first_imgPeople take part in a rally to protest against the failure of the government and international peacekeepers to stem rising ethnic and jihadist violence, in the Malian capital of Bamako. Photo: ReutersMali’s prime minister resigned along with his entire government on Thursday following criticism over their handling of an upsurge of violence in the centre of the country and a massacre last month that left 160 people dead.A statement from President Ibrahim Boubacar Keita’s office said he had accepted Soumeylou Boubeye Maiga’s resignation and that of his government two weeks after mass protests erupted over the rising tide of violence.Lawmakers from both ruling and opposition parties had submitted a motion of no confidence against the government on Wednesday, blaming Maiga and his administration for failing to clamp down on the unrest.”A prime minister will be named very soon and a new government will be put in place after consultations with all political forces” from both the ruling and opposition sides, the statement from Keita’s office said.The president had on Tuesday said in a televised address that he had “heard the anger”, without explicitly naming the prime minister.The government had come under mounting pressure over its handling of violence in the restive Mopti region and especially a massacre on 23 March in which 160 people were killed in the village of Ogossagou near the border with Burkina Faso.Members of the Dogon ethnic group — a hunting and farming community with a long history of tensions with the nomadic Fulani people over access to land — were blamed for the mass killing.An AFP reporter at the time said many homes in the village had been burned down and the ground was littered with corpses.The Fulani have also been accused of supporting a jihadist preacher, Amadou Koufa, who rose to prominence in central Mali four years ago.So-called self-defence groups emerged in the Dogon community with the declared role of providing protection against the insurgents.But the militia, called the Dan Nan Ambassagou, also used its powers to attack the Fulani, and was ordered to be dissolved after the village massacre.Islamist threatTens of thousands of people took to the streets of Bamako on 5 April to protest against the upsurge of violence, accusing the government of not doing enough to stop it.The protest was called by Muslim religious leaders, organisations representing the Fulani community, opposition parties and civil society groups.Mali has been struggling to restore stability since Islamist extremists linked to Al-Qaeda took control of the country’s vast desert north in early 2012.While the jihadists were largely driven out in a French-led military operation that began in January 2013, huge areas are still in the grip of lawlessness, despite a 2015 peace agreement with some armed groups that sought to definitively stamp out the Islamist threat.Since then, militants have shifted from the north towards the more densely populated centre of the country, where they have sharpened ancient rivalries and ethnic conflicts that date back years.Jihadist attacks have also spread to Burkina Faso, Chad and Niger, forcing tens of thousands of people from their homes.March’s attack was the deadliest in Mali since the 2013 French-led military intervention.In the aftermath of the massacre, Keita visited the village and vowed to beef up security and enforce justice.last_img read more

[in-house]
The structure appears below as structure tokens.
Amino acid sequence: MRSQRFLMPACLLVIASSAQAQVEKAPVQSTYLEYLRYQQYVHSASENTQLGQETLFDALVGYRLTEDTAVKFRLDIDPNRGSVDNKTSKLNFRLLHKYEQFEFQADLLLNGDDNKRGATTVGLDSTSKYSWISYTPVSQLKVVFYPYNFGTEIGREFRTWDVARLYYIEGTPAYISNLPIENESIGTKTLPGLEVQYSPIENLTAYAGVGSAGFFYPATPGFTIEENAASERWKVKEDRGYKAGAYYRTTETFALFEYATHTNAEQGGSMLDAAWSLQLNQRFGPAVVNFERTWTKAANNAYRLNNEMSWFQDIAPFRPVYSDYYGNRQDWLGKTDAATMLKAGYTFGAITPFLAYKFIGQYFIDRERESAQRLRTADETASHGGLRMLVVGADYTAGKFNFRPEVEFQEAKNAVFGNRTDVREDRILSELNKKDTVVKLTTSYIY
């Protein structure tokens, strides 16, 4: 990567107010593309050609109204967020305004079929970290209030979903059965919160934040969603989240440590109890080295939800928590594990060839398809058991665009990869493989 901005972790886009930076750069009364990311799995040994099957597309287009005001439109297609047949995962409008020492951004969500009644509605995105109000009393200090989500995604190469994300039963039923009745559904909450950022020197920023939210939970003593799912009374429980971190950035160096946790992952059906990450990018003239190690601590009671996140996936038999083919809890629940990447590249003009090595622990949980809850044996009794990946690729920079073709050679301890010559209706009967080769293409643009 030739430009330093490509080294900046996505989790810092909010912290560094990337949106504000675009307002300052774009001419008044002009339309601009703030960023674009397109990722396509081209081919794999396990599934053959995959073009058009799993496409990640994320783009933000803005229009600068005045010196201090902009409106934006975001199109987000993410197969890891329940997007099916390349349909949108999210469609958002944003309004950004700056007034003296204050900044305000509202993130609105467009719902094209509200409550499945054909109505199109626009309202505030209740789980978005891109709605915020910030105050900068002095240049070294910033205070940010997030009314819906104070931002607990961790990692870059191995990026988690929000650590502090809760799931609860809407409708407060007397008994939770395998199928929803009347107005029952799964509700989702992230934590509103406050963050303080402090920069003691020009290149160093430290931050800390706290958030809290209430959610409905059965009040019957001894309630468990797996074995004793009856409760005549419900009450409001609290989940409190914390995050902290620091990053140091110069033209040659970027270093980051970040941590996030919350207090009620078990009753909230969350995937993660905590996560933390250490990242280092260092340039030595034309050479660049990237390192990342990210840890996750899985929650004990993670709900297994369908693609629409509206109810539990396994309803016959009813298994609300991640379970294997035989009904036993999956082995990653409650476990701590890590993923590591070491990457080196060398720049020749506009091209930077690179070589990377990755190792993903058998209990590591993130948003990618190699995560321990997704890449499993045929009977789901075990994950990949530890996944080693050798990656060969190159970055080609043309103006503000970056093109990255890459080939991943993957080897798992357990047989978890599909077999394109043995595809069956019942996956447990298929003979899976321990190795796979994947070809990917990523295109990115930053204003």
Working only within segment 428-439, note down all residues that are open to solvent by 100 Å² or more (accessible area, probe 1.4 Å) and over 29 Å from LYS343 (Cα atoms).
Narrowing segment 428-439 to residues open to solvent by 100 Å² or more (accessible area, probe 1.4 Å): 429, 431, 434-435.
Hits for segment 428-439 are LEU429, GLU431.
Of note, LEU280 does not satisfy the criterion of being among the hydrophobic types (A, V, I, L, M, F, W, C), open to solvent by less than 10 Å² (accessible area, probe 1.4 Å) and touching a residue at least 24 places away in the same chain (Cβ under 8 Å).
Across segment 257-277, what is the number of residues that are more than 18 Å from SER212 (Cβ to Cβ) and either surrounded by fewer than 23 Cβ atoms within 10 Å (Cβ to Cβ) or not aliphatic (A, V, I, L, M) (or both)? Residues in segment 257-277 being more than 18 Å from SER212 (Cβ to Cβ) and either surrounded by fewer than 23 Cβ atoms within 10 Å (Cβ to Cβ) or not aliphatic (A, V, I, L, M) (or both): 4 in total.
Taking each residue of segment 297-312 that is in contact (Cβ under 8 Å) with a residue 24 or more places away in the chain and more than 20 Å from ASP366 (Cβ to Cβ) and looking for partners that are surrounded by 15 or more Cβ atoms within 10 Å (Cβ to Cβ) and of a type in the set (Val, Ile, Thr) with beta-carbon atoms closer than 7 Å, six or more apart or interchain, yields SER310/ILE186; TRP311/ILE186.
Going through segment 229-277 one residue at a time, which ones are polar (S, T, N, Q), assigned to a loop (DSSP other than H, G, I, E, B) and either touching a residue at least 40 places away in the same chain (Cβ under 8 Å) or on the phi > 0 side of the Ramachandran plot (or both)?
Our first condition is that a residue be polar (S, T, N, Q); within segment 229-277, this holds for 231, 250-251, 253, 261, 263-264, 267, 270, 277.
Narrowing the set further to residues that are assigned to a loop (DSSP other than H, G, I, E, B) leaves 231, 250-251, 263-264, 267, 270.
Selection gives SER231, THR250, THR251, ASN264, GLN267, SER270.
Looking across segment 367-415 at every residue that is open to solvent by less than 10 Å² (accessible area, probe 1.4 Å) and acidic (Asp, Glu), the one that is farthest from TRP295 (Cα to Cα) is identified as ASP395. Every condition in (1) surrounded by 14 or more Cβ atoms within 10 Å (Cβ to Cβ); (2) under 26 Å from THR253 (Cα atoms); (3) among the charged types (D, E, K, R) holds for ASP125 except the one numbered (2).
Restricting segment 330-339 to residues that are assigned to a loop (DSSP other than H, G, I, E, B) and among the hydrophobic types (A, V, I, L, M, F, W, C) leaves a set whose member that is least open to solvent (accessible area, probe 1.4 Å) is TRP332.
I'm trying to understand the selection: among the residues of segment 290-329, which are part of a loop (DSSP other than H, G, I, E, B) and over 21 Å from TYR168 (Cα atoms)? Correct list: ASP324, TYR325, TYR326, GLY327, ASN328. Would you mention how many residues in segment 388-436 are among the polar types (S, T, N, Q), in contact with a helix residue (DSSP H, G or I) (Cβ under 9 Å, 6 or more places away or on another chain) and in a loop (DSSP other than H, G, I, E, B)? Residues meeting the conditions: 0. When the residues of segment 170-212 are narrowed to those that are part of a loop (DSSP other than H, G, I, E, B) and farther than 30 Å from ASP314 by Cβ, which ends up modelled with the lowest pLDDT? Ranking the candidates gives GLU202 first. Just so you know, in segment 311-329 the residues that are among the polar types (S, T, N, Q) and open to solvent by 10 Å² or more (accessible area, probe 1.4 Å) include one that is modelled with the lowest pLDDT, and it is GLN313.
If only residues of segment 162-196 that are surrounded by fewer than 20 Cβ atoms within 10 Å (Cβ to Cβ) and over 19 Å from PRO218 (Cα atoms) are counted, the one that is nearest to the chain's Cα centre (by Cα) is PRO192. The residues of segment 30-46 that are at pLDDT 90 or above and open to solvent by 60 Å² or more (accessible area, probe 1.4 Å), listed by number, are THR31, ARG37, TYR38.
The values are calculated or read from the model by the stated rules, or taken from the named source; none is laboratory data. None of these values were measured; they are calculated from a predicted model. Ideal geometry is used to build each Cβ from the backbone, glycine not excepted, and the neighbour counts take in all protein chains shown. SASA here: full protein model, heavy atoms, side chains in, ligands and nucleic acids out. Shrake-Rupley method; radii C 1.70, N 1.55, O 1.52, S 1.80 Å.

Antidengue drive gains strength at vulnerable wards